The use of airstrikes and other brutal acts of violence are being seen in other parts of Myanmar also. Sagaing and Magwe Regions, another center of resistance, have seen villages being raided and burnt to ash as the military searches for PDF resistance fighters and tries to instill fear into local populations while also trying to create a divide between the PDFs and civilians. The use of villagers as human shields, torture of suspected PDF members, cutting the throats of those arrested, the use of attack helicopters, burning of villages, and massacres are regularly reported and clearly show that the junta are nothing more than a terrorist group. Airstrikes are also ongoing in Karen State, regularly around Lay Kay Kaw near the Thailand border for over a month, as well as in Mutraw District. A recent airstrike in Mutraw hit a hospital, the second time this year it has been struck, demonstrating how civilians are being targeted.

This increase in the use of airstrikes by the military junta demonstrates two points. First, any semblance of civilian protection has evaporated, as attacks from the air are far more indiscriminate and collectively punish whole wards, villages or in the case of Loikaw, cities. Secondly, it demonstrates that the military junta is losing. It cannot succeed in ground battles to the extent that it would be able to control areas or destroy the resistance forces. Their coup attempt is failing, and they are thus resorting to widespread killing of civilians, destroying their homes and leaving them with no sense of security or safety. Their only weapon is terror.

In light of this, actors in the international community must commit to supporting essential humanitarian aid provision efforts through local community-based and civil society organizations and networks as the junta punishes civilians for resisting their violence and illegitimate attempt to take power. Furthermore, there must not be any equivocation in pointing the finger at who is responsible for atrocities. The statement by the UN’s Under-Secretary-General for Humanitarian Affairs after the Christmas Eve massacre in Karenni State, calling on the Myanmar authorities to conduct an investigation was a gross misunderstanding of the situation on the ground and a huge insult to the communities in Karenni State, especially as the military admitted to killing these innocent people and labelled them ‘terrorists.’ Firstly ,the junta are not the ‘authorities’ but are a terrorist organization. Secondly, the military should not be investigating itself to ascertain whether or not it committed the massacre. Rather, international organizations and UN agencies must be supporting all measures of international accountability while taking principled humanitarian action that ensures no legitimacy is bestowed to the junta, and aid reaches those who need it the most. The continuation of atrocities means that the battle for Karenni State, just as the battle for Myanmar as a whole, will be long and bloody. However, the junta is not in control, and its retaliatory measures mean that the people’s revolution will need all the support it can get from international allies. This must involve less pandering to the junta, and more solidarity with, and substantive material and political support to, the Spring Revolution.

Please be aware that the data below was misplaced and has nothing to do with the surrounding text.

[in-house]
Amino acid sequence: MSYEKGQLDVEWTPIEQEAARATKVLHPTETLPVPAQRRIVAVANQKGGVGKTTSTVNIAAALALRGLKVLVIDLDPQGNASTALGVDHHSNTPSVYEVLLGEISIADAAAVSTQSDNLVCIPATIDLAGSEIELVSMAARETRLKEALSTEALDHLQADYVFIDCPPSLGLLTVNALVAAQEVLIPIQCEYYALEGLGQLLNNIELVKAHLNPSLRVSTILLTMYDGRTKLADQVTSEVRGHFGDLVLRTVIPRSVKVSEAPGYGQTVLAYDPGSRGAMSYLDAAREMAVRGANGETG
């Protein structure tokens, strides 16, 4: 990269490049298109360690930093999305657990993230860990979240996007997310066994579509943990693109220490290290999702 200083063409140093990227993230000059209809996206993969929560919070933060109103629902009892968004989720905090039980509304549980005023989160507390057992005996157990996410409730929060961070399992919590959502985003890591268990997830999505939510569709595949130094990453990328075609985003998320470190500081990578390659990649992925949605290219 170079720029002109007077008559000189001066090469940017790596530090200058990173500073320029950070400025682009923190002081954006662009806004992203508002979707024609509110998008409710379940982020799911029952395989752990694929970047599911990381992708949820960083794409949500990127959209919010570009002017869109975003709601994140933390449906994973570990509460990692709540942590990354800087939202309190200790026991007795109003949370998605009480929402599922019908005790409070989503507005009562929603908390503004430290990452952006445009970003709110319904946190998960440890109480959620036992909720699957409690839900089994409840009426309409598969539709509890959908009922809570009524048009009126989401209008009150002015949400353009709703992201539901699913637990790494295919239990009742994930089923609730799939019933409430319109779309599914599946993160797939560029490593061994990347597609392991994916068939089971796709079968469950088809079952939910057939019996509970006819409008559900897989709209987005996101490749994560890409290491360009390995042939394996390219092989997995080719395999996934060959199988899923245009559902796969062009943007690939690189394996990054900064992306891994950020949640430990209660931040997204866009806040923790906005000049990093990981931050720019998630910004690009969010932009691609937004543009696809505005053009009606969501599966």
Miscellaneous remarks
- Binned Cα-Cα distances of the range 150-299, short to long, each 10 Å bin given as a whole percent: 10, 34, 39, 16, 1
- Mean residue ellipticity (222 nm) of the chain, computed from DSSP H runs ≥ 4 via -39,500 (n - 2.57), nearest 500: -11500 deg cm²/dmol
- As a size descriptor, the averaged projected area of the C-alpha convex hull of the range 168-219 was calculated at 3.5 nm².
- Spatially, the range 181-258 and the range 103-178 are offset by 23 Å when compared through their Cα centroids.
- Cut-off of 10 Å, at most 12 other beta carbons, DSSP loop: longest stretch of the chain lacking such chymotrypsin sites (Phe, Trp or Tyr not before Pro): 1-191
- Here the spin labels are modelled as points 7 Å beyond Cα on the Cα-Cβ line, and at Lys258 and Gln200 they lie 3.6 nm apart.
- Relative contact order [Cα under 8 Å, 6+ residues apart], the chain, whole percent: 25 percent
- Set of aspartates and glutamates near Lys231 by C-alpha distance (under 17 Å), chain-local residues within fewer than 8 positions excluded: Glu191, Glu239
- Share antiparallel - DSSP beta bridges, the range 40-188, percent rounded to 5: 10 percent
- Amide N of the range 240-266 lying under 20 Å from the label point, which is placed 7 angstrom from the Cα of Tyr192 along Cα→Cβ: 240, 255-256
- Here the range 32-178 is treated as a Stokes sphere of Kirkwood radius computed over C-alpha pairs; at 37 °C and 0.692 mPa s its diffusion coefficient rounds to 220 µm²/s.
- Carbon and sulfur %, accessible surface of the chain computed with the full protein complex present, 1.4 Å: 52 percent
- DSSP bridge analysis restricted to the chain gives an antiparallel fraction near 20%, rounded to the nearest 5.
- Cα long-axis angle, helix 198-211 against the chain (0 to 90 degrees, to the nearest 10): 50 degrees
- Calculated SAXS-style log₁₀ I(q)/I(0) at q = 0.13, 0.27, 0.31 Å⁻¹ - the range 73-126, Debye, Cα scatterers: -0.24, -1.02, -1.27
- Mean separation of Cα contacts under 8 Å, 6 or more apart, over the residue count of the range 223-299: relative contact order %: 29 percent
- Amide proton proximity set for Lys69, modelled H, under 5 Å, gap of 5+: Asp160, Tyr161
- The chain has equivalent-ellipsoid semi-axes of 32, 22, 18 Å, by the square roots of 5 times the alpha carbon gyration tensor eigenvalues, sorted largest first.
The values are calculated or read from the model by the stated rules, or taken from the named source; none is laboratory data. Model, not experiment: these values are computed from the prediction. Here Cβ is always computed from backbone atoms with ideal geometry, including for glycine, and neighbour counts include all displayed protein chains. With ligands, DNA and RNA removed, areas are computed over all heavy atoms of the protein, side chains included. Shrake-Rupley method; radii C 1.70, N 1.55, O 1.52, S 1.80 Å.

[1] One year following the 1988 pro-democracy uprising, the former military junta changed the country’s name from Burma to Myanmar overnight. Progressive Voice uses the term ‘Myanmar’ in acknowledgement that most people of the country use this term. However, the deception of inclusiveness and the historical process of coercion by the former State Peace and Development Council military regime into usage of ‘Myanmar’ rather than ‘Burma’ without the consent of the people is recognized and not forgotten. Thus, under certain circumstances, ‘Burma’ is used.

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Progressive Voice is a participatory, rights-based policy research and advocacy organization that was born out of Burma Partnership. Burma Partnership officially ended its work on October 10, 2016 transitioning to a rights-based policy research and advocacy organization called Progressive Voice. For further information, please see our press release “Burma Partnership Celebrates Continuing Regional Solidarity for Burma and Embraces the Work Ahead for Progressive Voice.”